Peking Opera Faces - Hannah

Peking Opera Faces (June 2019) 

Face painting, photograph

60cm x 42cm x 3 & 30cm x 21cm x 3

This is a series of photographs of face paintings, with the different facial designs from the Peking Opera where each design represents a different character from Chinese History. I chose to paint on Western faces, because I wanted the photos to capture the culture of Peking Opera but also show the mix of cultures. I used acrylic to paint on a classmate’s face and took photos in different styles, and then I edited these on Photoshop to give a dramatic message of cultures melting together.

PekingOperaFaces - Hannah



Reform and open up - Hannah

Reform and open up (October 2019)

Digital photograph

84cm x 60cm

These self-portrait photos are edited using Photoshop and with traditional media, including painting and monoprint with Chinese characters using red chalk pastels. I wanted to create a photo collage in black and white to show a relationship with the past, and mirroring this to flip the image into the present.  The three colors make a strong impact and convey the feeling of freedom being imprisoned.

The Chinese characters mean ‘Reform and open up’ which was the program of Chinese economic reform introduced in 1978. I believe that China must still reform and open up.



Hannah’s love, freedom, sex and resistance - Hannah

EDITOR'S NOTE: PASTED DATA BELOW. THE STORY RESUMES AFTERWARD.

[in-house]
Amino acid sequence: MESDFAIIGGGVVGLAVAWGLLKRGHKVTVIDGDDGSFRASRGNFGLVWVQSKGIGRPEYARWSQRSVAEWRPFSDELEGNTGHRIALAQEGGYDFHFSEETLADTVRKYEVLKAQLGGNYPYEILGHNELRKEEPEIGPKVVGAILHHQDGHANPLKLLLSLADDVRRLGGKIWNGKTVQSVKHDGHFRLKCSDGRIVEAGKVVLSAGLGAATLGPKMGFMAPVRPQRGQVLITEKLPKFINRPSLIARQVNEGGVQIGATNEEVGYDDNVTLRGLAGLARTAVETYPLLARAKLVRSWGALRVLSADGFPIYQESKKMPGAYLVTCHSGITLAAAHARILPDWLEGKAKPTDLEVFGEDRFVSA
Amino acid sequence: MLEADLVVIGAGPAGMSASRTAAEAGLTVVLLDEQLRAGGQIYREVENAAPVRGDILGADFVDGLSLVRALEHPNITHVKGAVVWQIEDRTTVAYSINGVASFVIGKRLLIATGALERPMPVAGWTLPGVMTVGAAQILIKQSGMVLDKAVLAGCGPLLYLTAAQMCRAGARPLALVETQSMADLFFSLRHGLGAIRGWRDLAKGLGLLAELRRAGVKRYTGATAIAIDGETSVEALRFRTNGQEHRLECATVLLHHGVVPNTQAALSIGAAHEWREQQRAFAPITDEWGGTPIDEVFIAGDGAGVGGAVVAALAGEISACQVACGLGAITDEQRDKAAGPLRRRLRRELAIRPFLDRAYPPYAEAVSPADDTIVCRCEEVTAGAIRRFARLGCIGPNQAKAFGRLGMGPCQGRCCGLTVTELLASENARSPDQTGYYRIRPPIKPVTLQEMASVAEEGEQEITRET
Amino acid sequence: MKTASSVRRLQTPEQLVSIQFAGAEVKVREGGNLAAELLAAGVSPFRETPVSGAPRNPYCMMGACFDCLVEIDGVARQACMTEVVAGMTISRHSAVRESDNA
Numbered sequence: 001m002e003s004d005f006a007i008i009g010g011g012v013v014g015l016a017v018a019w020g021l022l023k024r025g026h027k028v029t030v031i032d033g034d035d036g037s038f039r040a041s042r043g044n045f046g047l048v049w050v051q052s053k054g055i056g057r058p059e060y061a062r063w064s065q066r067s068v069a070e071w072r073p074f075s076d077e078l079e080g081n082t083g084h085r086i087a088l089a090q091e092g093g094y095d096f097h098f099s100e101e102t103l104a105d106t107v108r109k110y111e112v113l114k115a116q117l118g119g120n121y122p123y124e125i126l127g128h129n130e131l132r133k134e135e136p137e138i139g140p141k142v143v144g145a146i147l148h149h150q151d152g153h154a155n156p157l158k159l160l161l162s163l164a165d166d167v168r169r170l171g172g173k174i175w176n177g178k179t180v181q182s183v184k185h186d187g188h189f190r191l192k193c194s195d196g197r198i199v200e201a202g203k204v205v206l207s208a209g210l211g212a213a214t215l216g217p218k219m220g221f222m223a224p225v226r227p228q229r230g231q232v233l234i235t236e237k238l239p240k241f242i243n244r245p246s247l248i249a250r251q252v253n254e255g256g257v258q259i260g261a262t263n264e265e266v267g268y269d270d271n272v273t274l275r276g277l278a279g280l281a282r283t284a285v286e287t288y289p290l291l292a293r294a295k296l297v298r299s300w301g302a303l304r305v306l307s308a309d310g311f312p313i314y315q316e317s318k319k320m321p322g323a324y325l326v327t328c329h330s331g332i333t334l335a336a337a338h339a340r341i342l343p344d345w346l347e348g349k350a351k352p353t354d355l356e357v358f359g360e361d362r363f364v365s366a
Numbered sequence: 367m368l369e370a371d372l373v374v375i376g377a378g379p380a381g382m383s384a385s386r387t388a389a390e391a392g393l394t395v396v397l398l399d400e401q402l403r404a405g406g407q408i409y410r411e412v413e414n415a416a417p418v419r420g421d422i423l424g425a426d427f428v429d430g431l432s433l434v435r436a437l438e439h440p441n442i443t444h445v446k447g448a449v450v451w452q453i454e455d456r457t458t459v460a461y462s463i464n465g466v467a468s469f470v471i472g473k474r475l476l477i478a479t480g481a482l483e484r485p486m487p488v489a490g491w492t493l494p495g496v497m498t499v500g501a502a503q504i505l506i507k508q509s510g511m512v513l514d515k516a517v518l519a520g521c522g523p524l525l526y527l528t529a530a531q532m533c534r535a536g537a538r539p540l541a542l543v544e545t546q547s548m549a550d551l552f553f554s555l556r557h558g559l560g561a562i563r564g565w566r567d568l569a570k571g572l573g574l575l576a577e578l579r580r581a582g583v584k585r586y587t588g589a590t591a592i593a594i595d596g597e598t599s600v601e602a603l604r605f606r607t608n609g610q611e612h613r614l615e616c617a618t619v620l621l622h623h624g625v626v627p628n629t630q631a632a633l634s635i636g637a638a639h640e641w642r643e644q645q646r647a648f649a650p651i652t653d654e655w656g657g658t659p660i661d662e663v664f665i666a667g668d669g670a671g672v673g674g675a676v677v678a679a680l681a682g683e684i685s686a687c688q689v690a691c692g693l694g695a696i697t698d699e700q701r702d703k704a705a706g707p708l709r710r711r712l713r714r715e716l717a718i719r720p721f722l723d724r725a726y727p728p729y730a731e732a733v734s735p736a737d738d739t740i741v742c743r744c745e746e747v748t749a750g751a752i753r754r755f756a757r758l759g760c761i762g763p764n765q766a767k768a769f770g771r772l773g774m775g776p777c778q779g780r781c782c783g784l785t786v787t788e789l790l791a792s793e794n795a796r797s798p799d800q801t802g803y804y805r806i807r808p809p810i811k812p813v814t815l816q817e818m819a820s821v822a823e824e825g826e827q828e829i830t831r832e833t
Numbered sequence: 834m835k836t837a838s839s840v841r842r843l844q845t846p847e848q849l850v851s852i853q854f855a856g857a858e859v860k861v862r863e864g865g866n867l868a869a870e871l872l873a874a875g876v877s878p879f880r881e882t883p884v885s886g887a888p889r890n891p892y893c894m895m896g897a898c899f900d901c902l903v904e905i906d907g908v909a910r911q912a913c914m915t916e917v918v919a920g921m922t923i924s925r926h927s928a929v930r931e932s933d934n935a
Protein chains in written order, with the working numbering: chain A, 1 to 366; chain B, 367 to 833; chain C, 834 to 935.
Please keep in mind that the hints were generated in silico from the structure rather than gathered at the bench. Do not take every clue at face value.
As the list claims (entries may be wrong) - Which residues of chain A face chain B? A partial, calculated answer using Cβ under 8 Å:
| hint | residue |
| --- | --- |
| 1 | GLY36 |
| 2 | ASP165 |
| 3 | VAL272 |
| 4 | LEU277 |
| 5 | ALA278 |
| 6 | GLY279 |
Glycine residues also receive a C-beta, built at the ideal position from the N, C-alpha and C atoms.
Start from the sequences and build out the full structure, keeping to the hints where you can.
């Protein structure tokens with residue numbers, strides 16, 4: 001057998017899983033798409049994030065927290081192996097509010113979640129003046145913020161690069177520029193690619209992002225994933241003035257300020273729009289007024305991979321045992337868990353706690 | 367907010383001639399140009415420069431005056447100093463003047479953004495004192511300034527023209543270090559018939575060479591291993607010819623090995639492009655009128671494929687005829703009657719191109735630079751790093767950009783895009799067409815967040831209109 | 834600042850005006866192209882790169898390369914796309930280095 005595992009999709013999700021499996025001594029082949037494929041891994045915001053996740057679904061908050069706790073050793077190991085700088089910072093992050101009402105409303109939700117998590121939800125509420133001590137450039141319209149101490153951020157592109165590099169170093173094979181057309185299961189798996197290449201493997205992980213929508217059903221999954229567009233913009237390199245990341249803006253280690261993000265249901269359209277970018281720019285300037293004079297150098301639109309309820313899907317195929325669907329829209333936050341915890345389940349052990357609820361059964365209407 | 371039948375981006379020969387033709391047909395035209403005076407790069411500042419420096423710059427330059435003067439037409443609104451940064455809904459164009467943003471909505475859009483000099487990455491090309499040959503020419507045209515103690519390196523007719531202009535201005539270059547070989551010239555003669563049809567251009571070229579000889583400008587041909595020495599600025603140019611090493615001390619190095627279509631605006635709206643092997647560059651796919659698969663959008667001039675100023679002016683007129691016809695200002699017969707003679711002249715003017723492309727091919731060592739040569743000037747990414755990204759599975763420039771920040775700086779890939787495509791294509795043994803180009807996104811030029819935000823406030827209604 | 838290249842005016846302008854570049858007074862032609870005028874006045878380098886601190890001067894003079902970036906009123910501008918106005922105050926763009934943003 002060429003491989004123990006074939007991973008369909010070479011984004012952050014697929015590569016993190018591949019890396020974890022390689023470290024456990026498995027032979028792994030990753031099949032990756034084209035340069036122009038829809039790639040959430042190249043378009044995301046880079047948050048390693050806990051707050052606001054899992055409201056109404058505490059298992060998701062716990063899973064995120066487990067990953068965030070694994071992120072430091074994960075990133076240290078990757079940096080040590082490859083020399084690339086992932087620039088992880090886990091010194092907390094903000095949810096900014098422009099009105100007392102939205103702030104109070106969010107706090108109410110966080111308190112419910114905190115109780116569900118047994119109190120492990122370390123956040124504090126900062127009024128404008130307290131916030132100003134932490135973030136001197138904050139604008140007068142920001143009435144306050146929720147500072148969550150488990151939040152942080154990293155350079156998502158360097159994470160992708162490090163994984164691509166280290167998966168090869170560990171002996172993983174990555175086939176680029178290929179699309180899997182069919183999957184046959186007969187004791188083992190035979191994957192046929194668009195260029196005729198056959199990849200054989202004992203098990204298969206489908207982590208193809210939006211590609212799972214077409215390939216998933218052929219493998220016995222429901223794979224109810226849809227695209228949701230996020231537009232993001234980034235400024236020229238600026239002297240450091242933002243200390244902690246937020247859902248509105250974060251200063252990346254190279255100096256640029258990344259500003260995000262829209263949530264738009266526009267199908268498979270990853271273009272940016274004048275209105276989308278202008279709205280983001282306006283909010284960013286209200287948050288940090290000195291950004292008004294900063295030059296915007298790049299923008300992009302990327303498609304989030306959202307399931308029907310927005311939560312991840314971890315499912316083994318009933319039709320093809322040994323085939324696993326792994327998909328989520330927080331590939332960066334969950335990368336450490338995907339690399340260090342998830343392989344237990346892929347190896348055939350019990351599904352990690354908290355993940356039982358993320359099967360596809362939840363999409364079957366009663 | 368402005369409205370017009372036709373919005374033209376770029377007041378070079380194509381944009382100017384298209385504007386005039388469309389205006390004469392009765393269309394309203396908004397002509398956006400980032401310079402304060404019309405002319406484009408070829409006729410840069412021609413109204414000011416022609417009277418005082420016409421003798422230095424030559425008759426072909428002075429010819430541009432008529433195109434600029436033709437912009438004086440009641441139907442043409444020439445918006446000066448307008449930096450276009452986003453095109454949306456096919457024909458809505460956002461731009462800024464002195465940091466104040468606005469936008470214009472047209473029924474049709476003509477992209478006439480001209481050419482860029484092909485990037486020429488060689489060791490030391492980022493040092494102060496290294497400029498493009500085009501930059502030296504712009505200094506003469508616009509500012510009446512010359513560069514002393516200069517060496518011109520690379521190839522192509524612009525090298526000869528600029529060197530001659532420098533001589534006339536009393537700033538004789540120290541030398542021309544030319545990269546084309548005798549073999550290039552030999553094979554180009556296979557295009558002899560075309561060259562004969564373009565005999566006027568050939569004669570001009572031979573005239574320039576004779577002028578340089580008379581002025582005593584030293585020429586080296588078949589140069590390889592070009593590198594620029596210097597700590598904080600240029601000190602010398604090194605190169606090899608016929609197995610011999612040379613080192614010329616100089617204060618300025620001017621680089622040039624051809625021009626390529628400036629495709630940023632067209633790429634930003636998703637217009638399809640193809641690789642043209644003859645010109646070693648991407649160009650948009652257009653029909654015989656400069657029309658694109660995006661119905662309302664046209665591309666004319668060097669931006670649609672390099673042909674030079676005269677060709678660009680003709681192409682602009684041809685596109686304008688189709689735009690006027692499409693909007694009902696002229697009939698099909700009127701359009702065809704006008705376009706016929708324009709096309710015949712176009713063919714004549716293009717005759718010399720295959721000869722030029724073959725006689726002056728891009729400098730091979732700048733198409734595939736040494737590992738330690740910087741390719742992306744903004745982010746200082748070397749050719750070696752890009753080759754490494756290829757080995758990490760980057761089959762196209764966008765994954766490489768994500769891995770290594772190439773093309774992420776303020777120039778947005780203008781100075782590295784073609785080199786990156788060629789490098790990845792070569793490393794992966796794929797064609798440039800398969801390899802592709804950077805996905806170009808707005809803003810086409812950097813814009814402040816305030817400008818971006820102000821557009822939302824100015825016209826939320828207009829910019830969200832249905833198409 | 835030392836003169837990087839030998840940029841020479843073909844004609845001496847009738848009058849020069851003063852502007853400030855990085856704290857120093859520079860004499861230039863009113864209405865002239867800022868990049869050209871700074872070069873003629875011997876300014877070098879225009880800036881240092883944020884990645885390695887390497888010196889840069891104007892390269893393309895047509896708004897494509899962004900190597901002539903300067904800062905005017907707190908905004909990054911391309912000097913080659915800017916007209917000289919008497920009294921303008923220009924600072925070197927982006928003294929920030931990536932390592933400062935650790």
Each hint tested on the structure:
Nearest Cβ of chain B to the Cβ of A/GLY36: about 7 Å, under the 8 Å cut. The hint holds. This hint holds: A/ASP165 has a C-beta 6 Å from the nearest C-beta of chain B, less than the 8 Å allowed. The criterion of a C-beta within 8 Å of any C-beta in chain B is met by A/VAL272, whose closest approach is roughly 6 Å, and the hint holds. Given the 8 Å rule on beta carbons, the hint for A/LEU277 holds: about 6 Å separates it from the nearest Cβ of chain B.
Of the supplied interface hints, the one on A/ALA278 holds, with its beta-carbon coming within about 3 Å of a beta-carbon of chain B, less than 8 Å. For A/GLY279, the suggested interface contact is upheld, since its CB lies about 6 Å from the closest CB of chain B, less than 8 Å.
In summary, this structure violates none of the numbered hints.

Hannah’s love, freedom, sex and resistance (February 2020)

Digital photography with calligraphy 

42cm x 30cm

This is a combination of four photos of myself, and has Chinese calligraphy writing on each of them.  Each image has a different Chinese word: love, freedom, sex, resistance. These words are linked to what I feel are sensitive topics in China. The photo uses a vintage style filter,which is inspired by the chemical developing process of the Daguerreotype, which distorts the image. The message behind this work is to encourage people to reflect on these modern topics and discuss them, especially in China where people are afraid to speak their mind.



Maya - Hannah

Maya (December 2019)


84cm x 60cm

This is a digital photograph in which I used my model’s face as a canvas, adding color through makeup, and I took photos and retouched them by adding filters and text. I made the repetition of the faces, to express Intense, intent emotions.I felt as though I could see the thoughts in her mind through the eyes. The words mean ‘girl’s era’ because I feel  women are finally being listened to and heard, and they are coming out of the shadows and into the spotlight.This work is inspired by BARBARA KRUGER.

Stop slaughter - Hannah

Stop slaughter (May 2019)

Wood, Acrylic paint

60 x 40 cm (x 4) each

Stop slaughter explores the idea of protecting nature, and animal rights. This is a series of 4 paintings of tigers. I cut 2 different stencils of tigers , and then I used the stencils to create 4 versions in red and white. I made a red handprint on one of them, which represents the idea that we should reject the killing of  animals for non-essential needs. ANDY WARHOL’s screen print works inspired me the most, especially when he used repeated images with different colors to express his messages.